Email and Spam

I recently read the nonfiction book Spam Nation: The Inside Story of Organized Cybercrime-from Global Epidemic to Your Front Door by Brian Krebs. This informative book discusses various cybercrimes but focuses on the Canadian Pharmaceutical emails that used to be very prevalent in the early 2000s.

In his book, Krebs traces these messages back to corrupt banks, poorly secured routers, and bureaucrats willing to be bribed. He eventually discovered and met with the two competing Russian nationals who were responsible for a significant percentage of spam sent over during that time. They had each made millions of dollars by manufacturing counterfeit pharmaceuticals and selling them online from fake pharmacies pretending to be in Canada. The book is a reminder that your digital assets are extremely valuable to criminals.

A hacked email account has several uses for a criminal. The one that usually comes to mind is privacy. The criminal can do more than read your emails, see who your friends are, and look at your photos.

If they have access to your account, criminals also use your email to send spam in your name and access your bank accounts. In the book, Krebs notes that none of the criminals used their own email accounts or equipment. Instead, they used an array of stolen email accounts, hijacked routers, and compromised computers to steal money from desperate people.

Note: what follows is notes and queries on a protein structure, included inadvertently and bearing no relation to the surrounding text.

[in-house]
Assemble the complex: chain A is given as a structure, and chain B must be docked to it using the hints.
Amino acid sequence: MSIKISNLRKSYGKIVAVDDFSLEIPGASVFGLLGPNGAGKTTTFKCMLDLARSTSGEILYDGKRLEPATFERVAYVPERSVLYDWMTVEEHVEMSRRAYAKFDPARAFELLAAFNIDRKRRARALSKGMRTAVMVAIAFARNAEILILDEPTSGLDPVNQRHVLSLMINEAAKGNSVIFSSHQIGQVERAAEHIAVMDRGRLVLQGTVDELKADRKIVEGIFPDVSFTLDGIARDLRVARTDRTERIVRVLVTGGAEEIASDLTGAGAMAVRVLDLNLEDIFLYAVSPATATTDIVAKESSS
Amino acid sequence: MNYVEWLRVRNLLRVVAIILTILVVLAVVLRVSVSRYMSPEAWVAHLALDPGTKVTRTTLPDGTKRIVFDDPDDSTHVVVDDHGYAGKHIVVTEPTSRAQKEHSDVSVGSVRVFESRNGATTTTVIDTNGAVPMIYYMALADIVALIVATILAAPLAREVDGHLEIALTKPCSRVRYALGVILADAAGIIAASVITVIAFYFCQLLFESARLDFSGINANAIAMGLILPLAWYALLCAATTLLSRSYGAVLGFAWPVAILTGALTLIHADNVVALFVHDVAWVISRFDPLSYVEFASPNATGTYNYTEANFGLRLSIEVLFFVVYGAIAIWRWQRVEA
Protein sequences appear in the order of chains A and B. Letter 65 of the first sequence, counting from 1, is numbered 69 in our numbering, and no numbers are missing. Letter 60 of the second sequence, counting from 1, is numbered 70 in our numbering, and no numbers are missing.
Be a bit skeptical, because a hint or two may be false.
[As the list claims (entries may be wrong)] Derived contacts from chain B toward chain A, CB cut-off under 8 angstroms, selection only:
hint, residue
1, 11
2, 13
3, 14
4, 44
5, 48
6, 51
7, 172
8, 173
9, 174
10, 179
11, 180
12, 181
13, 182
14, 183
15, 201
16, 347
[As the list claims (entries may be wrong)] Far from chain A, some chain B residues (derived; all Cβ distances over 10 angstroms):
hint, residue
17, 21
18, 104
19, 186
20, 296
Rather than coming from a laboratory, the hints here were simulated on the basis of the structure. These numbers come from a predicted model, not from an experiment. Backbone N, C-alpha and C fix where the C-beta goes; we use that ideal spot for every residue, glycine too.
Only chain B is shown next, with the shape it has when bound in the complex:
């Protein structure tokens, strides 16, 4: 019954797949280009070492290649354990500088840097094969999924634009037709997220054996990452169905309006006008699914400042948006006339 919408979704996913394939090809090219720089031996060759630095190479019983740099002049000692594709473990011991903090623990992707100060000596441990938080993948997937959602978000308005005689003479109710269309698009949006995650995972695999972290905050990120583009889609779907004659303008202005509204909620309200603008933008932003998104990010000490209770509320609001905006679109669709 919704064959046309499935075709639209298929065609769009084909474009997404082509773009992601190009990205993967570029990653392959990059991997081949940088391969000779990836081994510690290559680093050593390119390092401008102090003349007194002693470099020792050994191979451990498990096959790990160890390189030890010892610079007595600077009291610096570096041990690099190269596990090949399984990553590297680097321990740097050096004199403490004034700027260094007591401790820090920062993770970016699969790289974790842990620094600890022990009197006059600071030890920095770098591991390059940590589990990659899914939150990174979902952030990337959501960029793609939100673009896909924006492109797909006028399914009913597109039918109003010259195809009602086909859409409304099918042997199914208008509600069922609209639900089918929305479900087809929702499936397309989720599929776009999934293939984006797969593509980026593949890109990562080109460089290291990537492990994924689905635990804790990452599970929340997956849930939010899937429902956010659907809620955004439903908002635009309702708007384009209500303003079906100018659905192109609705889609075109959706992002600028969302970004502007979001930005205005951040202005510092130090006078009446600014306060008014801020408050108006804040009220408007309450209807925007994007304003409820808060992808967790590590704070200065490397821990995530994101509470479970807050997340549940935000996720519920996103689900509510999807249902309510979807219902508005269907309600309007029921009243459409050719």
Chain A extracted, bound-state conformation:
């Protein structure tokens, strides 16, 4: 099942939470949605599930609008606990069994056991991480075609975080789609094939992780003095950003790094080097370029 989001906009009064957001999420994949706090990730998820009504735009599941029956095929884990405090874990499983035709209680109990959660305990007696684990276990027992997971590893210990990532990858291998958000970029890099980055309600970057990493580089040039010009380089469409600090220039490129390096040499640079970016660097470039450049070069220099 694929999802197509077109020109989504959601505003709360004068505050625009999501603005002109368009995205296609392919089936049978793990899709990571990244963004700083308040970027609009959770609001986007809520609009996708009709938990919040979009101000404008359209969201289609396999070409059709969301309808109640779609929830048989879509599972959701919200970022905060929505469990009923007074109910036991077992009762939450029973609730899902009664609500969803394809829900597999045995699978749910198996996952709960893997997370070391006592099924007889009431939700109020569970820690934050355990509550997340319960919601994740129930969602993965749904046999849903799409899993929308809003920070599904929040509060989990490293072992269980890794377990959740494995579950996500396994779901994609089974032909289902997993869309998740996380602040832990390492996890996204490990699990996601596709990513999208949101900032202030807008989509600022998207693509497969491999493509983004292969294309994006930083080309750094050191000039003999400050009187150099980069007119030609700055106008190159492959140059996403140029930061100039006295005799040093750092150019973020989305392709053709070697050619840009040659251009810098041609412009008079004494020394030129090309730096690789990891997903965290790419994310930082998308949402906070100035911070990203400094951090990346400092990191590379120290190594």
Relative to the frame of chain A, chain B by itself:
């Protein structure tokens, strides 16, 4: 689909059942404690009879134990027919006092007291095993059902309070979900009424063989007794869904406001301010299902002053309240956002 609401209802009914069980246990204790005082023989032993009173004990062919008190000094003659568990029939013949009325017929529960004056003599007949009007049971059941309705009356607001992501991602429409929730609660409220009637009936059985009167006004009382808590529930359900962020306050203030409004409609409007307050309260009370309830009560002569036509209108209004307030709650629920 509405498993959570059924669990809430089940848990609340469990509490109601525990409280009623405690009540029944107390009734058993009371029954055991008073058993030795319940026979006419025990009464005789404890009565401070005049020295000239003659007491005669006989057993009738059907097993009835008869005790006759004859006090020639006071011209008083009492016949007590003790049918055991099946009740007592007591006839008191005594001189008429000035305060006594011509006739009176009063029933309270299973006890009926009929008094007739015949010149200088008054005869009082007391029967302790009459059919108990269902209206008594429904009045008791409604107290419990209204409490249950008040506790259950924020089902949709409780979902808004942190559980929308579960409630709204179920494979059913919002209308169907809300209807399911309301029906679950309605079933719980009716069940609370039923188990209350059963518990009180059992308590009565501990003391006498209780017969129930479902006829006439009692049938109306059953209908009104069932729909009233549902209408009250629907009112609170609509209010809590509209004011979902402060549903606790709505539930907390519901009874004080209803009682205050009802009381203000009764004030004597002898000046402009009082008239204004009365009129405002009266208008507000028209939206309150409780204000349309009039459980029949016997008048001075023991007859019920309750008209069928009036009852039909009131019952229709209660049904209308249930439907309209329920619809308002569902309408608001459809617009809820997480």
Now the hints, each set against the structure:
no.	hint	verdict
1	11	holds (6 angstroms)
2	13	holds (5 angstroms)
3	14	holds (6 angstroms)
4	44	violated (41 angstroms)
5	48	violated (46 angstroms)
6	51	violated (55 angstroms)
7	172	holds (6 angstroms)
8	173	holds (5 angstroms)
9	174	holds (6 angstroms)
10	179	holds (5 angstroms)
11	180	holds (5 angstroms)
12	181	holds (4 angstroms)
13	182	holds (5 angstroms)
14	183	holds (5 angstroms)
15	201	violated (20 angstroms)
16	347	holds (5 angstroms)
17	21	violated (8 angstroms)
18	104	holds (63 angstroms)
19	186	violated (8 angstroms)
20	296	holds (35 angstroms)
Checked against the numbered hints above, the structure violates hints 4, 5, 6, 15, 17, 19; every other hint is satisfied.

Hacked email accounts are used to harvest valuables like product license keys for software that you own. They also use these accounts to access file hosting and online backup sites such as Google Docs, Dropbox, and One Drive. Accounts from Amazon, Walmart, and other online retailers are also checked. If they gain access to these accounts, they might make purchases for themselves, or see when your purchases will arrive. The criminal can either arrange to steal the deliveries themselves or sell the information to other thieves.
Krebs notes on his website that a compromised iTunes account sells for about $8, and Facebook and Twitter accounts are about $2 each. Your email account can also be sold for a few dollars. Even old passwords have some value to other criminals because people often reuse them.

To protect your email, ITC actively watches for spam activity, updates software, and works to prevent and stop active attacks. We also have secure login portals for people who are traveling abroad, and we monitor public lists for accounts that have been compromised.
The most important thing you can do is use a complex password that is at least 12 characters long, although 14 is better. It must contain a combination of letters, numbers, and special characters. The more complicated the password is, the less likely a criminal will “guess” the password using automated software. While it is tempting to use that password on another website, this is a bad idea. If your password is somehow stolen from that site, they will have your password for every site you used it. One of the first things the criminal does is try to log into your email address.

If you haven’t changed your password recently, visit the ITC website and update it today. It’s your best defense!

-Michael Martinell, The Broadband Guy